The San Francisco Chronicle reports 1 million homes cut cable, switch to antenna, web. The article, by Ellen Lee, is based on an April report from the Convergence Consulting Group Ltd. On a flight to Los Angeles from NAB Thursday night I overheard the person next to me (who wasn't in broadcasting), telling someone that they dropped cable TV several years ago but recently discovered they could get news for free over-the-air.. This is another indication of people rediscovering broadcast TV after the DTV transition, but based on the person's comments about a limited number of stations and the signal dropping out during the day broadcasters have a way to go in educating consumers about how to get reliable over-the-air reception.
The president and CEO of the Consumer Electronics Association took his case for reallocating broadcast spectrum to wireless carriers to Las Vegas with a well timed "special to the Las Vegas Review Journal" titled Auction off the broadcast spectrum. In his comments, he says, "The decline of over-the-air broadcasting has actually coincided with an increase of news consumption. Pew found that Americans spend more time with the news than they did a decade ago." and continues, "But do we really need stats and numbers to make the point that news is accessible nearly anywhere today? When was the last time you had to adjust your television antenna to get the weather report? Now, when was the last time your cell phone dropped a call? The problems affecting consumers in 2011 reflect a 21st-century economy -- not the 1950s of the NAB's imagination." Don't miss the comments to the article.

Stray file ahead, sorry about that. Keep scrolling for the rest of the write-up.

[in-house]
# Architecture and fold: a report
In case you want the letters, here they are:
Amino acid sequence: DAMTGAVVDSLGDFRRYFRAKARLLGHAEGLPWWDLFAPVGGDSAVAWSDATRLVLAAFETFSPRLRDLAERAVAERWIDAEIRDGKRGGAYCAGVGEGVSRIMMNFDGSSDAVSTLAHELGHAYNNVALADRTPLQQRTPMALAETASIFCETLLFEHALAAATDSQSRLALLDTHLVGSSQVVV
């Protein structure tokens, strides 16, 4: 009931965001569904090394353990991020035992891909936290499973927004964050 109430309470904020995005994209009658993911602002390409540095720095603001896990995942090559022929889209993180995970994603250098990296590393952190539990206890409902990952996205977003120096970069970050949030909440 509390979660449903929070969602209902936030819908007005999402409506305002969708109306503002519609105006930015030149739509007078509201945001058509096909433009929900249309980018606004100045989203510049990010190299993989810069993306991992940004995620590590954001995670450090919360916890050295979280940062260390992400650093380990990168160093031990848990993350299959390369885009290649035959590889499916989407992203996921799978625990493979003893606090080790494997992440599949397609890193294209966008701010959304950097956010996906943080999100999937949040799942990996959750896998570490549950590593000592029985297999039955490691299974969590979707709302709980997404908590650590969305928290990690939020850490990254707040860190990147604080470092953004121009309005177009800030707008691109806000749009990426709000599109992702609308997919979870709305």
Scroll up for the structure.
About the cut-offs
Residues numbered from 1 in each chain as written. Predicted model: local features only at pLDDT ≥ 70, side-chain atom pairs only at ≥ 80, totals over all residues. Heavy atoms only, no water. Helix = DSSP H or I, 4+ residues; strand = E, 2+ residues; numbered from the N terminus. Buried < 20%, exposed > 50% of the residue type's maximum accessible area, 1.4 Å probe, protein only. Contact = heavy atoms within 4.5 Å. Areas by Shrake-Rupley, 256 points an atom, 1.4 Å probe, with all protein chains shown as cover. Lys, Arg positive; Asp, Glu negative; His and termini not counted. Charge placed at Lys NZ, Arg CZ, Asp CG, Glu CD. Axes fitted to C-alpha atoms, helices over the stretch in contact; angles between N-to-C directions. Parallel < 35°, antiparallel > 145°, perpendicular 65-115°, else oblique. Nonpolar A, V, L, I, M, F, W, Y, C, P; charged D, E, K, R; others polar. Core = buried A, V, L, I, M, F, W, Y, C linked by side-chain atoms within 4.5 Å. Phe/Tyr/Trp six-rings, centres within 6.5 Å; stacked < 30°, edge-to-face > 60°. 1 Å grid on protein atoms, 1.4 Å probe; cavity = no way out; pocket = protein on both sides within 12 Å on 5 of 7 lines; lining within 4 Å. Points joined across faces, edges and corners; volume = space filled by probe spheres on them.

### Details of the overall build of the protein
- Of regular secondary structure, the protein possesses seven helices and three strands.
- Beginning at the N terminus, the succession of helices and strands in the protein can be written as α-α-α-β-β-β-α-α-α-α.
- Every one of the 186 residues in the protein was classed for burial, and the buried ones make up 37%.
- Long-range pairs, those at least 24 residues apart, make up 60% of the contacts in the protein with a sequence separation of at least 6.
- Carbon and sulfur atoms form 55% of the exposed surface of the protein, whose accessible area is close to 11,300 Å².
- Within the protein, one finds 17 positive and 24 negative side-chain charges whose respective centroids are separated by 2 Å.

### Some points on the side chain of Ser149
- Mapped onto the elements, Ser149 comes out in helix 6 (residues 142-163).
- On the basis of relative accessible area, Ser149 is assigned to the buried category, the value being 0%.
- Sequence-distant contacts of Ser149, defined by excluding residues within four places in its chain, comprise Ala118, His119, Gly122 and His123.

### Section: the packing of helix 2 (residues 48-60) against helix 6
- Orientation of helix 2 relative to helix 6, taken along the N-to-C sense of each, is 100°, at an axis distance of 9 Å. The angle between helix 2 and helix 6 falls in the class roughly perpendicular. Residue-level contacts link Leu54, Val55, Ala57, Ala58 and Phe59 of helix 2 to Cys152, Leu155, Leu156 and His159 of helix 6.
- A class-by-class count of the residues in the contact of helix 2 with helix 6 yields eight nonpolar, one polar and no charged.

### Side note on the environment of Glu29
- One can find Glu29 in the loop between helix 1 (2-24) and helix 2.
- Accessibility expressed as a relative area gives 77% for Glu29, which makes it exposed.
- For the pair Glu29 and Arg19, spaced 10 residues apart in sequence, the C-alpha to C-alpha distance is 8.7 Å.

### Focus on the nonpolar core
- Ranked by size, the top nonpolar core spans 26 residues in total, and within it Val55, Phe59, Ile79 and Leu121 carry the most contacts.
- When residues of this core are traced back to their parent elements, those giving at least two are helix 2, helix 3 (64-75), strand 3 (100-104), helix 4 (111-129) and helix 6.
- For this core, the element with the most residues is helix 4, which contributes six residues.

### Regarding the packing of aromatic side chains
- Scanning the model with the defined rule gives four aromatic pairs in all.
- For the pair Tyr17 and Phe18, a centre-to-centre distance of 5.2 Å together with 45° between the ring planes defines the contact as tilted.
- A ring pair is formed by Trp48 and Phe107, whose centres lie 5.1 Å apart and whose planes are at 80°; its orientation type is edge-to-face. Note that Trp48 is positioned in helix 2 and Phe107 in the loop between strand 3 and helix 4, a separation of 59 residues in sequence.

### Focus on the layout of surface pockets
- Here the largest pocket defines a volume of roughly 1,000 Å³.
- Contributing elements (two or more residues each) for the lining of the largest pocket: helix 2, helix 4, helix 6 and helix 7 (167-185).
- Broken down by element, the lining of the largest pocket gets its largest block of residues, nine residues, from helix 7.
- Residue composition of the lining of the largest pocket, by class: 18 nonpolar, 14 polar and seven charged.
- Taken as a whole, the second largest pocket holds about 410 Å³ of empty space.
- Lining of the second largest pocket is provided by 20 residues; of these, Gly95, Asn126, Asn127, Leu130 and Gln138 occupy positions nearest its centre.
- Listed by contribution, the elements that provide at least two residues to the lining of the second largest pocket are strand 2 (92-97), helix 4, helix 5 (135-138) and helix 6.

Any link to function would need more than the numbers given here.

Engadget published a review of RCA's line of portable hybrid televisions but the comments posted to the article generally dismissed the products noting people don't want to carry multiple devices. One commenter did point out the usefulness of the sets in an emergency.
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